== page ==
|Content Type||Conference Paper|
|Title||Copper Grounding Systems Have a Negative Effect on Cathodic Protection in Production Facilities|
|Authors||Earl L. Kirkpatrick, ELK Engineering Associates Inc.; Mohammad Shamim, Union Texas Pakistan Inc.|
|Source||CORROSION 2000, March 26 - 31, 2000 , Orlando, Fl|
|Copyright||2000. NACE International|
The common bonding of underground ferrous structures to massive copper grounding grids creates problems for corrosion engineers and their attempts to cathodically protect the ferrous structures. Conflicts between copper and ferrous underground systems are discussed and alternatives are presented. A specific case history concerning production facilities in Sindh Province, Pakistan is presented. The case history includes the initial engineering evaluation and recommended system changes as well as the results of the recommended changes on overall performance of the cathodic protection systems in multiple production facilities.
Traditionally, most underground structures have been electrically bonded in common to reduce hazardous voltages associated with lightning and man-made fault currents or induced currents in the earth. A common grounding system provides a more economical and a lower resistance to remote-earth than does the individual earthing connections.
The U.S. National Electrical Code (NEC) ~ does not require copper grounding; instead, it requires that a permanent metallic earthing electrode and conductors must be used for earthing connections. Cathodic protection is routinely employed to overcome soil instigated corrosion cells on crude oil and natural gas production and transportation facilities. When such a system is directly connected to a bare copper earthing system, current demand may increase by several orders of magnitude. This creates a conflict between cathodic protection engineering design and electrical safety design. 2 Acceptable alternatives do exist to the use of bare copper conductors and bare copper or copper clad groundrods. 3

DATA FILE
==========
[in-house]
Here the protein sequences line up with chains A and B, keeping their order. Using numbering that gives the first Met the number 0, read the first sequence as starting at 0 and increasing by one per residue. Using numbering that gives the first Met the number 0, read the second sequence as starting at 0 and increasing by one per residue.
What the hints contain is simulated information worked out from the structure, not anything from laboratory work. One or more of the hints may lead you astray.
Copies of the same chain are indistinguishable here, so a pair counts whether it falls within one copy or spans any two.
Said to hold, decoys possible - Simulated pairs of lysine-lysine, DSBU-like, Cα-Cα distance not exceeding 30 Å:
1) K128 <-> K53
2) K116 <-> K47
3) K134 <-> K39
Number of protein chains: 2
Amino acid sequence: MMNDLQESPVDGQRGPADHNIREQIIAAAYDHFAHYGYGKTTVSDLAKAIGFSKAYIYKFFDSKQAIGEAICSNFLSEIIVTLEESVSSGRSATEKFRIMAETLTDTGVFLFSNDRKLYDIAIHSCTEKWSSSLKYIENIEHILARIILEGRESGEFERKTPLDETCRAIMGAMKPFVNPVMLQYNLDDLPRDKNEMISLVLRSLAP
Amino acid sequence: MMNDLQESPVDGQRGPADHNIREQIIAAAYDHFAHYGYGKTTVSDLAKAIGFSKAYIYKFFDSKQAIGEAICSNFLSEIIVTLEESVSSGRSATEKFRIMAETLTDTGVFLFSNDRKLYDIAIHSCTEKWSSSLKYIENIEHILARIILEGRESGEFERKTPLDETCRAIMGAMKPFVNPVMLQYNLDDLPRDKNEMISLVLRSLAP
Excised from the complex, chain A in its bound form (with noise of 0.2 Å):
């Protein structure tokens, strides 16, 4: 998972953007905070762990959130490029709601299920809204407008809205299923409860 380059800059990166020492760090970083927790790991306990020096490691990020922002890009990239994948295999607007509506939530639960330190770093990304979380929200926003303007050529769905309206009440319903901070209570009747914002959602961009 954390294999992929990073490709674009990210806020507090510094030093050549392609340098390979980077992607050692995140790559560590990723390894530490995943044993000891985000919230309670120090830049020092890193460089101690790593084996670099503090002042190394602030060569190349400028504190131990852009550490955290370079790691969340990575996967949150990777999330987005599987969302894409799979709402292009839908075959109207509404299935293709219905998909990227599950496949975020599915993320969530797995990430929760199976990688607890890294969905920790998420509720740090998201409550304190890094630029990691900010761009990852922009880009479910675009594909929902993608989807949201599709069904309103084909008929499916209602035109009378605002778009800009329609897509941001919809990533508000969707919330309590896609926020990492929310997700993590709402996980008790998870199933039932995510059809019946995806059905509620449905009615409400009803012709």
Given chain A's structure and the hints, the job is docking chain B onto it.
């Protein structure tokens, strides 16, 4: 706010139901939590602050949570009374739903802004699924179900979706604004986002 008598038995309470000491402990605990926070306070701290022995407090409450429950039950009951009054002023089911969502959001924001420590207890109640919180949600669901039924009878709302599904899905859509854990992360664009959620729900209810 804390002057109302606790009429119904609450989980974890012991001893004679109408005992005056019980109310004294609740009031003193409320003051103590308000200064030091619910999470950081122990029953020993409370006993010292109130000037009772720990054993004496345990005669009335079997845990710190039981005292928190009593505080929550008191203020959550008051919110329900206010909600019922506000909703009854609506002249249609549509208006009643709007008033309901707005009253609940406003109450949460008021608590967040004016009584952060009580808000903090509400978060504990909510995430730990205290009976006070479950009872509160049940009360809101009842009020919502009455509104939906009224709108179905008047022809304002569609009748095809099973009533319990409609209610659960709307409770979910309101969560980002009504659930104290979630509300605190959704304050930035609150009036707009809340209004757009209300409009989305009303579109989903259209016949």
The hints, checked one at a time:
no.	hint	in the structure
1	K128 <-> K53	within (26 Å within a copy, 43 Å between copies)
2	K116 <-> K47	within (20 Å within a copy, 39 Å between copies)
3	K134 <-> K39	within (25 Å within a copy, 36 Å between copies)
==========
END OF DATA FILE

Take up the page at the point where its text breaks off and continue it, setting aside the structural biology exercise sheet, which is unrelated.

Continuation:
DESCRIPTION OF PAKISTANI PRODUCTION FACILITIES
At the time of the study reported on in this paper, the company operated six (6) major oil and gas production facilities and a number of smaller facilities in the Badin Block, Sindh Province, Pakistan. Exploration began in 1977 with the first producer discovered at Khaskeli on June 16, 1981. 4 The production facilities separate oil and gas, knock out water, ship natural gas via pipeline and store oil and distillate production in aboveground tank farms for later transport to refinery by tanker truck. Electrical power is obtained from on-site generator sets with diesel or natural gas prime movers. Since all of the production facilities in Sindh Province are essentially similar, varying primarily in overall size and in the geometry of the layout, we will primarily discuss in detail, only two of the production facilities in this paper. These production facilities (P.F.), designated as P.F.-1 and P.F.-2, handle both crude oil and natural gas. P.F.-1 was brought on-line about 1988. P.F.-1 is a natural gas production facility that contains two aboveground oil storage tanks and a variety of process vessels. There are a total of seven incoming flow lines in the intake manifold. The P.F. contains a series of separator vessels to knock out water and to separate distillate from the natural gas. There is one outgoing gas transmission line.
The original electrical grounding grid was constructed utilizing PVC coated stranded copper conductor ranging in size from 16ram 2 to 95ram 2 conductor. A 16ram 2 conductor is used for equipment grounding. Grid conductors are 70ram 2 or 95ram 2 and are connected to driven copper clad groundrods at 200 (61m) to 400 (122m) foot spacing around the perimeter of the plant with supplemental ground rods at major equipment. Cathodic protection is supplied to the plant by Transformer/Rectifier (T/R) Number 1, a 25 volt 75 ampere unit powering a distributed vertical anode-bed around the two production tanks. T/R Number 2 is a 25 volt 75 am
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